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Golf Course Architects Adapting Courses for 21st Century

Golf course architects are working with their clients to design and renovate courses that are shorter and less expensive to construct and maintain, so said several American Society of Golf Course Architect (ASGCA) members during a recent panel led by ASGCA President Erik Larsen.

“Extreme length and larger course sizes can be a financial burden on everyone,” said Tom Clark, ASGCA. “Courses measuring 7,500 yards or more for 18 holes are played to that length by about one percent of golfers. Something closer to 6,800 yards from the tips and 4,800 – 6,200 yards is good for 95 percent of all golfers.”

Jeff Brauer, ASGCA, echoed Clark’s comments. “A golf course owner told me in 10 years there were no more than 50 rounds of golf played from the longest tees,” he added.

Taking into account financial concerns of players and course managers, and increasing demands on players’ time, a greater emphasis is being placed on the design and construction of nine-hole courses, a throwback to the popular plans of the 1950s and 1960s. “It is obviously less expensive to build and maintain nine-hole courses,” Clark said. “And this also provides the benefit of perhaps adding on another nine holes in the future as needed.”

Clark provides two recent examples of course owners responding to the economy and players’ desires by adjusting their plans to nine-hole designs:

  • The Westham Golf Club at Magnolia Green near Richmond, Va., a collaboration between Jack Nicklaus’, ASGCA, Nicklaus Design and Clark, opened nine holes in June, with plans to add an additional nine in the coming years. Westham serves as the centerpiece of a resort-style community planned for 3,500 homes with ancillary commercial and retail uses. Once completed, the full course will be played by many golfers to 6,200 yards.

Play has been active at Westham, with some golfers taking advantage of reduced rates to play an additional nine holes on days when they desire to play 18. Residential lot sales also are up thanks in part to buyers seeing area activity increased by golfers.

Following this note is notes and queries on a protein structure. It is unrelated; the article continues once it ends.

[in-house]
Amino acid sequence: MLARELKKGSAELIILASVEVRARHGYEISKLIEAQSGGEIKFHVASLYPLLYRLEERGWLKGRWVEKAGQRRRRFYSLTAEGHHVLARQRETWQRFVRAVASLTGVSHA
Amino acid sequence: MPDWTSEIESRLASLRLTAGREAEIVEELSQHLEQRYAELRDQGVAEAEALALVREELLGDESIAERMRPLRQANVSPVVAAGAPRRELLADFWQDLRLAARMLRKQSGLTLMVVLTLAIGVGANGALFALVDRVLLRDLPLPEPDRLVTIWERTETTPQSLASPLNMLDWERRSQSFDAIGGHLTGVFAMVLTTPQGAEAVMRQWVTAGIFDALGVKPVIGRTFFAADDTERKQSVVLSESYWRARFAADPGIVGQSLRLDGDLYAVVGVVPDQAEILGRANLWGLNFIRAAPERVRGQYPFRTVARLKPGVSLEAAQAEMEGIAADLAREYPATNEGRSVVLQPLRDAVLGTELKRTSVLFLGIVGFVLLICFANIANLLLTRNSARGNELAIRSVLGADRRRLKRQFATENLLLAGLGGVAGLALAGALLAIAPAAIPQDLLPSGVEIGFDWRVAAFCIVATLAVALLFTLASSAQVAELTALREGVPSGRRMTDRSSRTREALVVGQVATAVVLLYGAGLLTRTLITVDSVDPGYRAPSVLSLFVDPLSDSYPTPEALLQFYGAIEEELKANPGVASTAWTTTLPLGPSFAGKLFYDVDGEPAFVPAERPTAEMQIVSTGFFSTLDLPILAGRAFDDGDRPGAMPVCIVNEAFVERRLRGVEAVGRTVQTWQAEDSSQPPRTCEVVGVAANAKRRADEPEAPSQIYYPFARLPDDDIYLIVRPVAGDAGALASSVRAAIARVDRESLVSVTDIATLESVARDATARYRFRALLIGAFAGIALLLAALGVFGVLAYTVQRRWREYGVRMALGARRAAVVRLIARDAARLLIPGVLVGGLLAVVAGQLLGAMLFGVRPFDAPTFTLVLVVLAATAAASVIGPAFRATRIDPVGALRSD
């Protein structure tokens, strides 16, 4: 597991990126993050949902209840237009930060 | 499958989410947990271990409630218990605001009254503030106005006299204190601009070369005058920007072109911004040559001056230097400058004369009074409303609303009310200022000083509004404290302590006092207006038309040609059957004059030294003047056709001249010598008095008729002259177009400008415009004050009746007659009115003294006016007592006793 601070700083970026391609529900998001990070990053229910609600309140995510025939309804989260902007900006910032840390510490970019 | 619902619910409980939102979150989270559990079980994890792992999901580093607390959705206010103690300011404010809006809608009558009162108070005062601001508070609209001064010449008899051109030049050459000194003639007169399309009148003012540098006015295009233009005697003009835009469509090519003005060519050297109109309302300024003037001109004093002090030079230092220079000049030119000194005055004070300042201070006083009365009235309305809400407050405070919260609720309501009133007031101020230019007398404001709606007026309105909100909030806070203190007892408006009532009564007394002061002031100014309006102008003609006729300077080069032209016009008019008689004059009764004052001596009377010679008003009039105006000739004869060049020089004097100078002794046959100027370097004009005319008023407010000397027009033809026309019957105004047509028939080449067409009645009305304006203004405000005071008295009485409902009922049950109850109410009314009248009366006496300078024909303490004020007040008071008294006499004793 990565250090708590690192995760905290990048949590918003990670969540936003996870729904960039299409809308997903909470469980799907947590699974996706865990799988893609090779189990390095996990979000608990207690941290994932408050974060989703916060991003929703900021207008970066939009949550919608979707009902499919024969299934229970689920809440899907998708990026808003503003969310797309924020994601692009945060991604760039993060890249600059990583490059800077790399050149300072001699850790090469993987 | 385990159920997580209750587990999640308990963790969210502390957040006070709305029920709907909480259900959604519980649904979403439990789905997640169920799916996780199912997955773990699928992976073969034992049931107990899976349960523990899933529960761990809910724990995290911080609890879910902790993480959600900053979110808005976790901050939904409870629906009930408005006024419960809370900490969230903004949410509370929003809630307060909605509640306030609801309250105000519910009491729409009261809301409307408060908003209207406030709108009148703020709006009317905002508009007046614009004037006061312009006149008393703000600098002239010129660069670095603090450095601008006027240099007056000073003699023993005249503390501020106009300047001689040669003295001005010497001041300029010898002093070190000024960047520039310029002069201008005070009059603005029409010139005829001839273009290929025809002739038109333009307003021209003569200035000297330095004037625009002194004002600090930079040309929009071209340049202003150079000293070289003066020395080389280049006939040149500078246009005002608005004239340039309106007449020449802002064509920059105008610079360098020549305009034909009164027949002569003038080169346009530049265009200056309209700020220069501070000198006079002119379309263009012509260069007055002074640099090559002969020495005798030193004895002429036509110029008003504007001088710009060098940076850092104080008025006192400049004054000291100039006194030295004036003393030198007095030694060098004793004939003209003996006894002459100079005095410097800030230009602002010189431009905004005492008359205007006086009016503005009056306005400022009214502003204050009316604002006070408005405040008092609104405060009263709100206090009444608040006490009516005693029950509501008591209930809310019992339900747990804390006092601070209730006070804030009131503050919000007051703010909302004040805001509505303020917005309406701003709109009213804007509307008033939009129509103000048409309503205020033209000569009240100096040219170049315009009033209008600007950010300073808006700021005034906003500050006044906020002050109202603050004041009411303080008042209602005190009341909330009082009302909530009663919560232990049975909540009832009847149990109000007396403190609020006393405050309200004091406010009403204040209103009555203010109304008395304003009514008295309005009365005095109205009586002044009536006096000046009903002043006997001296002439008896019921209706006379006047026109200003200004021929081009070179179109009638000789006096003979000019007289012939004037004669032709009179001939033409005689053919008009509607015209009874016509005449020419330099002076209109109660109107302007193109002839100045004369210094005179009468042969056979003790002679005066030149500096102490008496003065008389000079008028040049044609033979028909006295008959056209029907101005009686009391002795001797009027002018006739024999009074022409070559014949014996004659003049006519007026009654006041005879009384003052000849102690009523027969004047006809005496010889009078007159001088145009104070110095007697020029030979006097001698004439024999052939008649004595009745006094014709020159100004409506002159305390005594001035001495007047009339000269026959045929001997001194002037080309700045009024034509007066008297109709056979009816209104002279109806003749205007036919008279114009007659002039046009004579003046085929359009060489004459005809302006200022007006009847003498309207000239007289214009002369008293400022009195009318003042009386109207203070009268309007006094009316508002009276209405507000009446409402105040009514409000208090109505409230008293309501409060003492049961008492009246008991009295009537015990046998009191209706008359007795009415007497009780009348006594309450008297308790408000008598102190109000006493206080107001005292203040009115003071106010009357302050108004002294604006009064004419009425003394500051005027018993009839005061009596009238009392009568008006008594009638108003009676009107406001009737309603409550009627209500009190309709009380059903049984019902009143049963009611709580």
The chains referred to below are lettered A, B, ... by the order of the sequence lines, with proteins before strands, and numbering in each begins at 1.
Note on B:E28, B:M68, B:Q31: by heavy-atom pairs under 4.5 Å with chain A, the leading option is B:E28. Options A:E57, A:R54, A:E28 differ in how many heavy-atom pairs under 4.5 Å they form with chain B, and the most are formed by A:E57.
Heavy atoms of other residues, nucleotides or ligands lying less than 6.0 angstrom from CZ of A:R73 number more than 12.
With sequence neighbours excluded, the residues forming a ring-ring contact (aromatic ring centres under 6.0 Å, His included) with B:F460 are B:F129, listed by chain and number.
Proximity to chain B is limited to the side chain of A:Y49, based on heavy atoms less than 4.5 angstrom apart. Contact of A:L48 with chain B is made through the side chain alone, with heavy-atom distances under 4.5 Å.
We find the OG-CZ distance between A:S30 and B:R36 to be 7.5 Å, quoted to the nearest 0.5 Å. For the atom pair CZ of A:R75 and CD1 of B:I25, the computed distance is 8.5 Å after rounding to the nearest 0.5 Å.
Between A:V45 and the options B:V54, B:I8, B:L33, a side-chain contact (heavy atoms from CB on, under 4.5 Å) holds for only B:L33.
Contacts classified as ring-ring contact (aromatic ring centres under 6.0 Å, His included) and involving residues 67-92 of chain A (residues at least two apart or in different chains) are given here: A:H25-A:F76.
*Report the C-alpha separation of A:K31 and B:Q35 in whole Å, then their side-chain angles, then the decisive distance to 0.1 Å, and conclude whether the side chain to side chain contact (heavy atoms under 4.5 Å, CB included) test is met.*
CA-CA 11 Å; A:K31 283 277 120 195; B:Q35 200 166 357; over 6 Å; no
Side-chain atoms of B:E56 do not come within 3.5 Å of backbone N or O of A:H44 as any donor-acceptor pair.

Remodeling for less cost

ASGCA members are also remodeling golf courses to a shorter length, as necessary, or designing layouts that incorporate three-hole loops allowing for play of fewer than 18 holes. During the panel discussion at the annual Golf Course Builders Association of America meeting, Larsen noted architects are increasingly involved in land planning, including walking paths and trails near courses; a view echoed by Vicki Martz, ASGCA. 

“A 10-15 percent reduction in the acreage to be maintained at a course can often be found rather easily,” Martz said. “And it doesn’t have to be an area where ‘you just let the weeds grow.’ Land planning and working with natural landscape can make for a beautiful course and surrounding area with less maintenance.”

Anyone looking to develop or renovate a golf course will benefit from reviewing the series of Question and Answer brochures created by ASGCA, including pieces on Master Planning, Golf Course Development and Golf Course Remodeling.

Founded in 1946 by 14 leading architects, the American Society of Golf Course Architects is a non-profit organization comprised of experienced golf course designers located throughout the United States and Canada. Members have completed a rigorous two-year long application process that includes the peer review of four representative golf courses. ASGCA members are experienced golf course architects, able to counsel in all aspects of golf course design and remodeling and comprise many of the great talents throughout the golf industry.

For more information about ASGCA, including a current list of members, log on to the ASGCA website at or call (262) 786-5960.